TAKING STOCK OF THE MULTIFUNCTIONAL CHARACTER OF AGRICULTURE AND LAND
Paper prepared for FAO/Netherlands Conference on : " The Multifunctional Character of Agriculture and Land", Maastricht, Netherlands, September 12-17, 1999
Sources of Information
IntroductionVarious analytical approaches have emerged during the past decade that help to capture the complexity and continuing importance of agriculture and assess its relationships with other sectors of the economy and society. In particular, the "Sustainable Agriculture and Rural Development" (SARD) approach aims to foster sustainable development (in the agricultural, fisheries and forestry sectors) that "conserves land, water, plant and animal genetic resources, is environmentally non-degrading, technically appropriate, economically viable and socially acceptable."
Initiatives to develop the MFCAL concept are occurring at a range of scales, with possible applications from farm through community to region, and across a range of sectors. There have been many innovations in process, technology and practice, and these have benefited both agriculture and related land-use and other economic sectors.
This paper draws upon several sources of information to investigate the multifunctional character of agriculture and land across developing and developed countries and at different scales. The process was designed to draw on the experiences of different stakeholder groups from practitioners to policy makers.
The three key sources of information were:
- The 1999 FAO/Netherlands "Multifunctional" Case Studies (MCS) database;
- The 1999 FAO/Netherlands Electronic Conference;
- Country Reports to the Commission on Sustainable Development (CSD) and other reviews;
2.1 The MCS DatabaseThe MCS database is now a unique information source that has sampled a wide range of global experiences at various levels, from farm to national and covering a wide range of technical, social and economic areas. It has become a key part of the process of understanding the nature of MFCAL, and a sound foundation for analysis.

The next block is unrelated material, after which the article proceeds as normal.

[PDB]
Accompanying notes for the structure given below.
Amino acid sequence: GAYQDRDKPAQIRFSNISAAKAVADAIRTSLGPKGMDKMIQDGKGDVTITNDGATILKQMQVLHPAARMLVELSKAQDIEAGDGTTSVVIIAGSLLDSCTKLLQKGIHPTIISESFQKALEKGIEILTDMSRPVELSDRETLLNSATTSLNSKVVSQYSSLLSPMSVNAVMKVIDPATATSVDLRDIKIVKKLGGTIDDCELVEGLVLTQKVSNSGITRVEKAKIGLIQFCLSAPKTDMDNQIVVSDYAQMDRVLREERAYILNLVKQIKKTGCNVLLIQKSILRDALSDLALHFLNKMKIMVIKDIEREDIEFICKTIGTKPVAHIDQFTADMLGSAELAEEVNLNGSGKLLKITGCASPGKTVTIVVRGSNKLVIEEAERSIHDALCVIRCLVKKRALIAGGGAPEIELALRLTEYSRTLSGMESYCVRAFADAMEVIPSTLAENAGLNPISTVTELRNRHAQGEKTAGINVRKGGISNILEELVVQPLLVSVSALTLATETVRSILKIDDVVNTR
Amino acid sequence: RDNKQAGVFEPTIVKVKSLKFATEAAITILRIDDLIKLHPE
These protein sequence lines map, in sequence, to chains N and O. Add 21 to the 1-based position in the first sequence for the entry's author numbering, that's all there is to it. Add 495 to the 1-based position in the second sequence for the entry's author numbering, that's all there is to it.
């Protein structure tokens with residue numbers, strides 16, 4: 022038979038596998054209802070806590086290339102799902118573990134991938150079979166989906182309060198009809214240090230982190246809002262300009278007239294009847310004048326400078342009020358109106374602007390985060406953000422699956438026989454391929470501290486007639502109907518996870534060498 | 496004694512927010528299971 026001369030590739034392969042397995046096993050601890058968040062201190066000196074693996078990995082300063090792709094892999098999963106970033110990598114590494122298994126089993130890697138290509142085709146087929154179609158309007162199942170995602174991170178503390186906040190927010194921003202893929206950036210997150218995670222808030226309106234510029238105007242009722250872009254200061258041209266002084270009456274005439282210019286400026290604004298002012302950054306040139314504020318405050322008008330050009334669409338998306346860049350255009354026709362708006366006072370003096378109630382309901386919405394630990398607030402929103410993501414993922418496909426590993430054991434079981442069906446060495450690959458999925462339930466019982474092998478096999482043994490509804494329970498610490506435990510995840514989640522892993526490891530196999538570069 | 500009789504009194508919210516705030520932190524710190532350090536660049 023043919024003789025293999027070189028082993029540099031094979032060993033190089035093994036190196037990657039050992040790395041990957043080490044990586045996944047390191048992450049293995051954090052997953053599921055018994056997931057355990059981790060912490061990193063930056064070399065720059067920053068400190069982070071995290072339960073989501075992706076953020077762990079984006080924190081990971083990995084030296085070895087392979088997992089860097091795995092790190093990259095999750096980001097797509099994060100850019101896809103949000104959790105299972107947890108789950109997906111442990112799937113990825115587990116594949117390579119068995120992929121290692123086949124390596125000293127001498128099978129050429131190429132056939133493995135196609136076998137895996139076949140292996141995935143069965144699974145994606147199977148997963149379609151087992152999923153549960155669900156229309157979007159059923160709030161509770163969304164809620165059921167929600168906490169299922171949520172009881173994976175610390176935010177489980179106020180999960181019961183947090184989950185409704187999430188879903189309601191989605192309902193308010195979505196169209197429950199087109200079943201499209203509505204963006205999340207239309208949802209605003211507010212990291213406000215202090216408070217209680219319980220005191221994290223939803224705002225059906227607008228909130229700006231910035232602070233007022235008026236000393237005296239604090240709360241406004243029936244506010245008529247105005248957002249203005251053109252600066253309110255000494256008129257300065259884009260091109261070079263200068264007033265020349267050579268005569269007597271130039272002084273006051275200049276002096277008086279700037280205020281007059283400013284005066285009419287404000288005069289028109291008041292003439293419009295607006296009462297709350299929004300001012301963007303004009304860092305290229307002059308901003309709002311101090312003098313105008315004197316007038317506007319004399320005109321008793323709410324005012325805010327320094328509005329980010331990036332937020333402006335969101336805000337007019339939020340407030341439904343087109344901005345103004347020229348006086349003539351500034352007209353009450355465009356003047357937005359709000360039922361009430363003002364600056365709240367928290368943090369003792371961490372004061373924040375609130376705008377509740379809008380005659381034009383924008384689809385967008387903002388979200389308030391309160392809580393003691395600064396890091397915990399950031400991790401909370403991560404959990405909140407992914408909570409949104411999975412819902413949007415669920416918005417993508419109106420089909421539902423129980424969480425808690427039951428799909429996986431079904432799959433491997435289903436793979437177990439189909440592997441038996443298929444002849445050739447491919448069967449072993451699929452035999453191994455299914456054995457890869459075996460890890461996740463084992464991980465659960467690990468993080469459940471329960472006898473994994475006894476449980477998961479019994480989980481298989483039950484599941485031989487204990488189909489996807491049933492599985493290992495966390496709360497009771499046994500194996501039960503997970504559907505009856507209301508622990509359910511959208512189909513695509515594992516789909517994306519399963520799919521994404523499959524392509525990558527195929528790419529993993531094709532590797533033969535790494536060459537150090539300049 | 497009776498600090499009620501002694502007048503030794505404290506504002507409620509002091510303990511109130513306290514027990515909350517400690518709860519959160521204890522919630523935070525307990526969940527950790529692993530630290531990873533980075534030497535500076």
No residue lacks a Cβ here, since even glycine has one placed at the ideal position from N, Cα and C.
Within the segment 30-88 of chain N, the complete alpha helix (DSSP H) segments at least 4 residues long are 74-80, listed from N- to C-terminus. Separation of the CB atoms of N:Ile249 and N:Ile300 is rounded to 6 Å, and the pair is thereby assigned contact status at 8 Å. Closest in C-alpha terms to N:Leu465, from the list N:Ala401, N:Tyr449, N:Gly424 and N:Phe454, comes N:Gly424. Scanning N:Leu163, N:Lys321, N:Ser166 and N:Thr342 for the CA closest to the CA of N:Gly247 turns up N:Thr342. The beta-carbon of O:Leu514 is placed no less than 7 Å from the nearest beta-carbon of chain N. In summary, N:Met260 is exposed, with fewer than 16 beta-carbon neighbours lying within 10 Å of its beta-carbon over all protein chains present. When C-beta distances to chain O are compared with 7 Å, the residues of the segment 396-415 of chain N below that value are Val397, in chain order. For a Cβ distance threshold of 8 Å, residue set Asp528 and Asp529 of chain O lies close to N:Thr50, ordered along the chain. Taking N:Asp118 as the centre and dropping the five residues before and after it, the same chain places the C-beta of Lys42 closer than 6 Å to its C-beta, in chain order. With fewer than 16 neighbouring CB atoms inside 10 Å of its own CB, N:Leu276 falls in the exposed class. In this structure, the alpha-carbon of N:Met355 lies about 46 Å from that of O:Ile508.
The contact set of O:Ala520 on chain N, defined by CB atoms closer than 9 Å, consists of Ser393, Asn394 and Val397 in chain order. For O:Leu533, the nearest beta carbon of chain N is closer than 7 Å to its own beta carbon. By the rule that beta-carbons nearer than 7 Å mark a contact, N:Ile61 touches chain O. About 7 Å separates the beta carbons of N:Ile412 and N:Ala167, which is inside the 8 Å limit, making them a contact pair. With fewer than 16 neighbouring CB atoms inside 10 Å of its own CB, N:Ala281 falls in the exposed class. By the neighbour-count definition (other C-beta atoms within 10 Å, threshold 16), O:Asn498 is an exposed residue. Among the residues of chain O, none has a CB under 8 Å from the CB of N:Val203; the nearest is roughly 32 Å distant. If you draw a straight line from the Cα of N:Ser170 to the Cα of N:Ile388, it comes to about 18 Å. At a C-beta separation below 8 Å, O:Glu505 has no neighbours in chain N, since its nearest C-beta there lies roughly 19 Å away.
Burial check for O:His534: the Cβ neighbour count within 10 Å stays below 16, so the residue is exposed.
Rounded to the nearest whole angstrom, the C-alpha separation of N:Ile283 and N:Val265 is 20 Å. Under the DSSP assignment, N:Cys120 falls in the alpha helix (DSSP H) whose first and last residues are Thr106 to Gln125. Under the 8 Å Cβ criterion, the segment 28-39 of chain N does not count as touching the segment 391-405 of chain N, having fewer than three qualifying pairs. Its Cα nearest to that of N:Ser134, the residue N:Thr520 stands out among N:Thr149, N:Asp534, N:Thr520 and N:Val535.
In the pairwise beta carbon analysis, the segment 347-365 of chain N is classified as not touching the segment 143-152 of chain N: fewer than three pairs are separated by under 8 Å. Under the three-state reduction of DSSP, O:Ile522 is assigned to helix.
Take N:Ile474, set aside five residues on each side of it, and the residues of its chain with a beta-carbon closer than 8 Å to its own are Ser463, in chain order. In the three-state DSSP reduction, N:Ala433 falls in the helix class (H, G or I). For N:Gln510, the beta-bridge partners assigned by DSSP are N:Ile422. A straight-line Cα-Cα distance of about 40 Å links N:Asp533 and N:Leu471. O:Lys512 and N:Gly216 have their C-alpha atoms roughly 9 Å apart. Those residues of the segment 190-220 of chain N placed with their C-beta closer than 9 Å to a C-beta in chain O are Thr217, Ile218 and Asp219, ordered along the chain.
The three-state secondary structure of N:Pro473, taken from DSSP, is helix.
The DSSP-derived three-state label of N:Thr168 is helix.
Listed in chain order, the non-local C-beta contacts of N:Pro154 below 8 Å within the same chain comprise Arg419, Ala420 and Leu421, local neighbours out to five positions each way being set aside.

In general, more substantive evidence has emerged from the local to regional level, where thousands of farm families and businesses are experimenting with new approaches that illustrate the benefits of MFCAL. But what distinguishes the current material from that of a decade earlier is the spread of some initiatives to much larger scales. Some of these have received significant national policy support. Most, though, could spread much further, delivering considerably more food and non-food benefits, if given greater policy support.
The case-study questionnaires constitute the basis of the database analysis. They were designed both to explore the conditions and processes associated with the multifunctional character of agriculture and land, and to document both food and non-food outcomes. The MCS database incorporates 130 case study questionnaires.
The questionnaires covered: initiating and resources-providing parties, geographic location and agro-ecological zone, types and scale of impact, driving factors influencing the impact, methods used for monitoring multifunctional impacts, factors affecting replicability of the case and sustainability of the impact, lessons learned, contact addresses and follow-up material, and a structured case summary.
The geographic distribution of the case study contributions is shown in Figure 1.